The worker-job surplus is of great importance in any matching model of the labor market. It is a key determinant of workers' employment transitions and their wages, and it is crucial for measuring the gains from sorting. In this paper, we develop a theory-founded test to determine which of the observable worker and job characteristics enter the worker-job surplus in the data, where we exploit workers' mobility choices. Our test also indicates which worker and job attributes are relevant for sorting on the labor market. We implement the test on US data using the Survey of Income and Program Participation and the O*NET. The results suggest that a relatively sparse model underlies the data. On the job side, a cognitive and an interpersonal skill requirement impact the surplus along with the (dis)amenity of work duration as well as the workplace size. On the worker side, we find that most of the relevant characteristics are symmetric to the selected job requirements. We reject that there exists a single index reprsentation of these relevant multi-dimensional worker and job attributes.Finally, we use our test results to shed light on multi-dimensional sorting along the relevant dimensions in the data, both in the cross-section and over time.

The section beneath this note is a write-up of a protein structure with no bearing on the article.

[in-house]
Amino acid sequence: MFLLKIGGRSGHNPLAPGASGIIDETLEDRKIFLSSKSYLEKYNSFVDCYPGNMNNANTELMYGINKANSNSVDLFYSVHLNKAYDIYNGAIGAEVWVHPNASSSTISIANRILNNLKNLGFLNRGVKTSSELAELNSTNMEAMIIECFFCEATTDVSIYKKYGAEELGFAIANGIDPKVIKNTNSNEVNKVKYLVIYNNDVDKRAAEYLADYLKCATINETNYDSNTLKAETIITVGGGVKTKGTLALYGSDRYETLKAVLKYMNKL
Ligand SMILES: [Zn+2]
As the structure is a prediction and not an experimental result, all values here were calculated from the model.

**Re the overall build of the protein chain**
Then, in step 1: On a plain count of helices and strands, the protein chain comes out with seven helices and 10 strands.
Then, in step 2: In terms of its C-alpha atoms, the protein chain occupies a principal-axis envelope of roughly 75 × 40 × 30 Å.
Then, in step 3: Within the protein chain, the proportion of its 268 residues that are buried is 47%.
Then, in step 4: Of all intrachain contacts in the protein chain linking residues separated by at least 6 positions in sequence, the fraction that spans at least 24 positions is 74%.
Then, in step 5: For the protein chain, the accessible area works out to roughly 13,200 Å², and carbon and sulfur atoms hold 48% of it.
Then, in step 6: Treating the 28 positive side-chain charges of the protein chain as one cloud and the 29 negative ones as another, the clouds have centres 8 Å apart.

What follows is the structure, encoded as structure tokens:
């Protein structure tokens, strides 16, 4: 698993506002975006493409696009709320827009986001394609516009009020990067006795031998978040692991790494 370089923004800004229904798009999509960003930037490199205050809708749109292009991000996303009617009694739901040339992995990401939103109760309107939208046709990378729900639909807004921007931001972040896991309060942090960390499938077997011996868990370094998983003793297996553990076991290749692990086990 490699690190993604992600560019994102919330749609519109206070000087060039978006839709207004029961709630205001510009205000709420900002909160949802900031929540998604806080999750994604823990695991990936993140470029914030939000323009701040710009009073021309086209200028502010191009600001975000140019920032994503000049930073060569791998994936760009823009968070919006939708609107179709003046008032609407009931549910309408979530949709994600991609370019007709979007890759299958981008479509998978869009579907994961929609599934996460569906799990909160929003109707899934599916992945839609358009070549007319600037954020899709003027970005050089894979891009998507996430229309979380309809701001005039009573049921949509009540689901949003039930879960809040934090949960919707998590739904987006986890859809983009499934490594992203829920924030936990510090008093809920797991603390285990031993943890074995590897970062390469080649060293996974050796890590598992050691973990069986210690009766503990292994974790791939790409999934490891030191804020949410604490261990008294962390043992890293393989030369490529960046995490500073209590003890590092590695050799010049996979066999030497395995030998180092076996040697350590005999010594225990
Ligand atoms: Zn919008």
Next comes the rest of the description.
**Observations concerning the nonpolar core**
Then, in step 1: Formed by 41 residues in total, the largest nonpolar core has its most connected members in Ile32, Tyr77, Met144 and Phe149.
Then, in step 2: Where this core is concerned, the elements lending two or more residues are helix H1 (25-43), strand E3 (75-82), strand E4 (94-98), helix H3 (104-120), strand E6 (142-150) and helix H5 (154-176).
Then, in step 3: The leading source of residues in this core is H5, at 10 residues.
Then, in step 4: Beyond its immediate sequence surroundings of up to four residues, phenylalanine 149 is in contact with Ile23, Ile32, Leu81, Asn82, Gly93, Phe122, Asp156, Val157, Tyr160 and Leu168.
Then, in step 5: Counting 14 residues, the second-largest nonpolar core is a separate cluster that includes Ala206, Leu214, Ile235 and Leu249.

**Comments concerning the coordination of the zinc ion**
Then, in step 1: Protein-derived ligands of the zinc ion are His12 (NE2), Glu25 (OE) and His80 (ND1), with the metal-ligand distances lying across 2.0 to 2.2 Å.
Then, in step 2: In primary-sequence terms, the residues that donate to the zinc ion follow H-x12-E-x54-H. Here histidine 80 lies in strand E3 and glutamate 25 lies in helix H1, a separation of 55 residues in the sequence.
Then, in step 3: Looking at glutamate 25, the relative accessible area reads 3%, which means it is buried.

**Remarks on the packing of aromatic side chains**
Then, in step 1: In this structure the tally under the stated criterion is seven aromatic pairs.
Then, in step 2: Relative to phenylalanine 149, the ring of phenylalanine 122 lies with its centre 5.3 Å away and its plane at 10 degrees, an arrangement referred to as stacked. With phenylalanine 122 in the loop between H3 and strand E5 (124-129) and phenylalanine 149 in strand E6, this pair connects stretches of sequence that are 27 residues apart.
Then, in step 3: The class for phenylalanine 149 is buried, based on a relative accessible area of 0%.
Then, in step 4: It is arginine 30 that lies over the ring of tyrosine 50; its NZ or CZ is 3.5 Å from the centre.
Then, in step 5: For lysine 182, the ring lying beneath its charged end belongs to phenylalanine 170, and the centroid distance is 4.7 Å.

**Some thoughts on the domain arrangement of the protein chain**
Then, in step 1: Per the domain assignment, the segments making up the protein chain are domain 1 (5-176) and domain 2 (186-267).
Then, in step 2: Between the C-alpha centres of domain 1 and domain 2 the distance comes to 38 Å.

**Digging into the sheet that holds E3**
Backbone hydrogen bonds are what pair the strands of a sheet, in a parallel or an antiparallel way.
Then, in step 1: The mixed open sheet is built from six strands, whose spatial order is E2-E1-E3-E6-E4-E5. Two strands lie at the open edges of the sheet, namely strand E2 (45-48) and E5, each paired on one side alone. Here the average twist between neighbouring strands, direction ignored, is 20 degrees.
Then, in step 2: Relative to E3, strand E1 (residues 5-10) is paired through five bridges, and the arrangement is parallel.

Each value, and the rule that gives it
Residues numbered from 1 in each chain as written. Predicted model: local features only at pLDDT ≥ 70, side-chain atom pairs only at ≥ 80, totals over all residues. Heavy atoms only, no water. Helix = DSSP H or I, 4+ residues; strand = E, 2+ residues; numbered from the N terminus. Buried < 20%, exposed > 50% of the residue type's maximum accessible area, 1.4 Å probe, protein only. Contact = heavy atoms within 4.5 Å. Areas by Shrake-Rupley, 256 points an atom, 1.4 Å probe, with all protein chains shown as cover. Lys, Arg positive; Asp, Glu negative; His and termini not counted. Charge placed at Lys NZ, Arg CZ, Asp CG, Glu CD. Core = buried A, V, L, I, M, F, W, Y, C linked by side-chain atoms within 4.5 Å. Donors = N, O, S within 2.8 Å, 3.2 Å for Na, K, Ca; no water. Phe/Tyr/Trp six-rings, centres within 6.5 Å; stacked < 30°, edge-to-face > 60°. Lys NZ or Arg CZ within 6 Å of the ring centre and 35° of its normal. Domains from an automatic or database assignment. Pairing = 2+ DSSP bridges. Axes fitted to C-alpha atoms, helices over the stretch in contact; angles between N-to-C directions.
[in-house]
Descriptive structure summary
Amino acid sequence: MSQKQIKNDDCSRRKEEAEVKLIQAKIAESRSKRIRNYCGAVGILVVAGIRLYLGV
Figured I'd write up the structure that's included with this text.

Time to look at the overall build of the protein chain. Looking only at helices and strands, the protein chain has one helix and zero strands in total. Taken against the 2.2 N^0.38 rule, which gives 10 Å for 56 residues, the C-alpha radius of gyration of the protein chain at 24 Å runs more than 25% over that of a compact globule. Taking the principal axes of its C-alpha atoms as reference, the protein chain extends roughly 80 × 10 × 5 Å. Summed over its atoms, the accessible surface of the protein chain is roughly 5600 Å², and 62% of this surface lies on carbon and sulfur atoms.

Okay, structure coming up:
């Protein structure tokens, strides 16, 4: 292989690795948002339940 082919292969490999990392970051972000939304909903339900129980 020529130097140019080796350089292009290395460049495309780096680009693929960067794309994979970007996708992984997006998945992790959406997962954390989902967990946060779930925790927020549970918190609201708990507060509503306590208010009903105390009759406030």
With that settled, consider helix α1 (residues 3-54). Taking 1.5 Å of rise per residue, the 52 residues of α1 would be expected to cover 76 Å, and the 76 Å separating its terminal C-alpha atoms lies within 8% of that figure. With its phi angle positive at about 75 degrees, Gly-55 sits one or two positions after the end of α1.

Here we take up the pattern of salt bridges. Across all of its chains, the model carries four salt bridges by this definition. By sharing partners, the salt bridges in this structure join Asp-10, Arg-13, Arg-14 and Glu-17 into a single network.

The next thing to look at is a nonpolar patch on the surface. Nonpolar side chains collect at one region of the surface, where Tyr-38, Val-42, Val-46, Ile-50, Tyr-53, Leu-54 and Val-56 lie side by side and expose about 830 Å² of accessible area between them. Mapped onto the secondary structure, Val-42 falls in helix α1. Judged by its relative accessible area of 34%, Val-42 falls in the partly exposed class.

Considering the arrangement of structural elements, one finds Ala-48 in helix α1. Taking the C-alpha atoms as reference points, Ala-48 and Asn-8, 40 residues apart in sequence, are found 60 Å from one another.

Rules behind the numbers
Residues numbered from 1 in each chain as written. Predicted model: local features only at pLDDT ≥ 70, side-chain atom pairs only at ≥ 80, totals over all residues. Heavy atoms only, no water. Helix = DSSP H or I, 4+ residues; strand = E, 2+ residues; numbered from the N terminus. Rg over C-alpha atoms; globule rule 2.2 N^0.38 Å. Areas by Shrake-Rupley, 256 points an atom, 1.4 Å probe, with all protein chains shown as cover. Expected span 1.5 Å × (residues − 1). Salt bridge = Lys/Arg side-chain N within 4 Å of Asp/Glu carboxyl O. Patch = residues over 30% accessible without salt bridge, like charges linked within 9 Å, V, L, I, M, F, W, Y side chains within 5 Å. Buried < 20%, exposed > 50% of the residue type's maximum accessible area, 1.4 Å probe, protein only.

Joint work with Fabien Postel-Vinay.